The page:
This post is written by our ambassador Laura!
Body Shaming. A phrase that you might have seen being branded around in the media. Most frequently the term has been adopted as defence strategy by young female celebs who have been attacked by the mass media for being ‘too thin’. But also the complete opposite – for being too big, having too much cellulite and so on. I mean we all remember when Kim Kardashian was compared to a killer whale on the front cover of almost every newspaper and website known to man don’t we? And when Cheryl Cole was compared to human remains after her X Factor return. The list goes on. “It’s body shaming”, they say in defence.
But worryingly, body shaming is not just experienced by celebrities but by everyday people too. A few weeks ago I heard someone I knew talk about my body in a negative way. These comments had stemmed from them seeing my holiday bikini snaps on Facebook. I immediately became defensive. And then of course, feelings of self-doubt and self-consciousness took over. I began to look at myself in a different way, immediately scrolling through my holiday snaps and deleting any I thought could provoke a similar reaction.
A couple of days later I was watching a reality TV programme with a group of my girl mates. As girls do when they get together for “chill night”, we were watching the programme in between gossiping and prolific Instagram scrolling. “Oooh her boobs are too big for her body”, “She really shouldn’t be wearing that dress with that figure”, “her knees are weird”, “Oh she’s pretty but way too skinny” we said in chorus. Between us, we had criticised nearly every girl’s body on the programme. Then it dawned on me, we have such a casual blasé attitude towards criticising other women’s bodies. For every time we blast someone for their “chubby thighs” and in the next breath praise someone for their “six pack”, we are making it culturally acceptable to put people in categories of good/bad, ugly/pretty, skinny/fat. We see the media do the same thing and then continue ourselves. It’s a vicious cycle. Body shaming is so culturally normal in our society and engrained in our everyday conversations that we don’t even realise we do it.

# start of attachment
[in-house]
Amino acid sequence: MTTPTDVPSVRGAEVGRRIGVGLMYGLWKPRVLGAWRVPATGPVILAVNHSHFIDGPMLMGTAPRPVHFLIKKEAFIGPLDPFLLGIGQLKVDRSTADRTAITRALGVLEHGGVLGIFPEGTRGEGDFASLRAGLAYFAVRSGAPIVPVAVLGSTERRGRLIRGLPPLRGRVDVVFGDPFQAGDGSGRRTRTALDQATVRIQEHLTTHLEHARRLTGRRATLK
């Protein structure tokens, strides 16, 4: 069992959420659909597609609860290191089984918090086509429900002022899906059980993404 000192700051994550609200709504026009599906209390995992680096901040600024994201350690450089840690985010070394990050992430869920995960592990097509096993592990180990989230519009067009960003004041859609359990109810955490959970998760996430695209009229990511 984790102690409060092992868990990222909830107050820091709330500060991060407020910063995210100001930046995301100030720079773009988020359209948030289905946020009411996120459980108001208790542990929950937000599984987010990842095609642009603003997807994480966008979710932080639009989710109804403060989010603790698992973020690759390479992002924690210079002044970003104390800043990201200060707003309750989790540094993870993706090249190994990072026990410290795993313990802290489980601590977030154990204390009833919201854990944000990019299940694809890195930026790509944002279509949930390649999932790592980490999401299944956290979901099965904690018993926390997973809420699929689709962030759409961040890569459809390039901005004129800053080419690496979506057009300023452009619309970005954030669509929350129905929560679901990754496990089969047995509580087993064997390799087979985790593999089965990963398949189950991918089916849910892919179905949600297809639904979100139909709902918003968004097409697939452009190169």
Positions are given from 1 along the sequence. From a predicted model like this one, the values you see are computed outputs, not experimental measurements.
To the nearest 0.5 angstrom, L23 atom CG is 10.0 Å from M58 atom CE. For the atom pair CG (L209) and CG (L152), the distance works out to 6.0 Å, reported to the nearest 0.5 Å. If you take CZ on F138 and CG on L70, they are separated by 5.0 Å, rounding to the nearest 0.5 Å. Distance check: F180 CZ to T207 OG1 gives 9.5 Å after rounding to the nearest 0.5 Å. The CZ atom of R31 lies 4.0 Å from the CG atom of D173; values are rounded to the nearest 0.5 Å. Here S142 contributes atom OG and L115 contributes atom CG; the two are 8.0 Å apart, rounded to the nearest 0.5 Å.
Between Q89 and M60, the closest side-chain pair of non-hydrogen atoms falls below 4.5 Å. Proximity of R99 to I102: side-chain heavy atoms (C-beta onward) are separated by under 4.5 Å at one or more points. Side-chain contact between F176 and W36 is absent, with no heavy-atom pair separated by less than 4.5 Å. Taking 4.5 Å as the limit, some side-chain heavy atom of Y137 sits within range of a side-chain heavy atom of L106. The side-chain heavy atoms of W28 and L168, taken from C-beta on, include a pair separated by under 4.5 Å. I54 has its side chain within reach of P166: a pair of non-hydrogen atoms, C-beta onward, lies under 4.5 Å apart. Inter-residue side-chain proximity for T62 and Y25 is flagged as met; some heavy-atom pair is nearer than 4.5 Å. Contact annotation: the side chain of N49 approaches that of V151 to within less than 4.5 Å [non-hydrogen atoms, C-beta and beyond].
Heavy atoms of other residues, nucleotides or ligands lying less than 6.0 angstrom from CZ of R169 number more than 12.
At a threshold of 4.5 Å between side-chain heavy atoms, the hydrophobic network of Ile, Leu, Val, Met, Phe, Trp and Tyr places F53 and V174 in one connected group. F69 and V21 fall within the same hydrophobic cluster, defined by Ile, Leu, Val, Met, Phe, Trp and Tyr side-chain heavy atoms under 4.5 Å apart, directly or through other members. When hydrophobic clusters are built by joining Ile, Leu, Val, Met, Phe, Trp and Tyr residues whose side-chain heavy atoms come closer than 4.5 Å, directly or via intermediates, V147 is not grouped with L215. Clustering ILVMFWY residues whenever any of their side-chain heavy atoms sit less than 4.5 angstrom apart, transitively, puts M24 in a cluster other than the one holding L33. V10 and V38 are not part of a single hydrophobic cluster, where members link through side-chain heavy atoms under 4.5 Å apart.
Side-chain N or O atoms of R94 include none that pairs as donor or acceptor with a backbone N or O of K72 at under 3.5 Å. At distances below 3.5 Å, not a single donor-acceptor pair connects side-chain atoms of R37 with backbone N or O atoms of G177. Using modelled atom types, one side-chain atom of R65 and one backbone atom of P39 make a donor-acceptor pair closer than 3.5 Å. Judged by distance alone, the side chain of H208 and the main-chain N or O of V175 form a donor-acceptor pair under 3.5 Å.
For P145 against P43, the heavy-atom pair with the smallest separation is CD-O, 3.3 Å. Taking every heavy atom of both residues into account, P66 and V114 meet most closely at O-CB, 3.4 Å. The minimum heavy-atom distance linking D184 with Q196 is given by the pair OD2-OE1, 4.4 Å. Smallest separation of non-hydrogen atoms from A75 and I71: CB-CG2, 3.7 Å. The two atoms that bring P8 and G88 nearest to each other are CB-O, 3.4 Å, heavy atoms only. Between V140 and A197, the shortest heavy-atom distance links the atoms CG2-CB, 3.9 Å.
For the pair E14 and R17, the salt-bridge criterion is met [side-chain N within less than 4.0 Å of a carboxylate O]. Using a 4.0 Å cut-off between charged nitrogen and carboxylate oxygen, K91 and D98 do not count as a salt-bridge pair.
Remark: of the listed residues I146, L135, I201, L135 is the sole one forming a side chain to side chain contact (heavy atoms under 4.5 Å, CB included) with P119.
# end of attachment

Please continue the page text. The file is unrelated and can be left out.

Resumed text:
I guess what I am trying to say is we should be celebrating diversity – women come in all shapes and sizes – and we shouldn’t be made to feel like we aren’t good enough and we certainly shouldn’t make others feel that way. Yes, the media will always promote unhealthy, negative messages about weight and appearance and we will always come across those girls with the perfect bodies on Instagram. But, if we promote body love rather than body shaming amongst each other then I can’t help but think we would all have a lot more self-love and accept ourselves as we are. Compliment rather than criticise other girls, support each other rather than make judgements and most importantly think before you speak (or post). At the end of the day, there is way too much hate out there in the world for us to be adding to it.
Lots of love,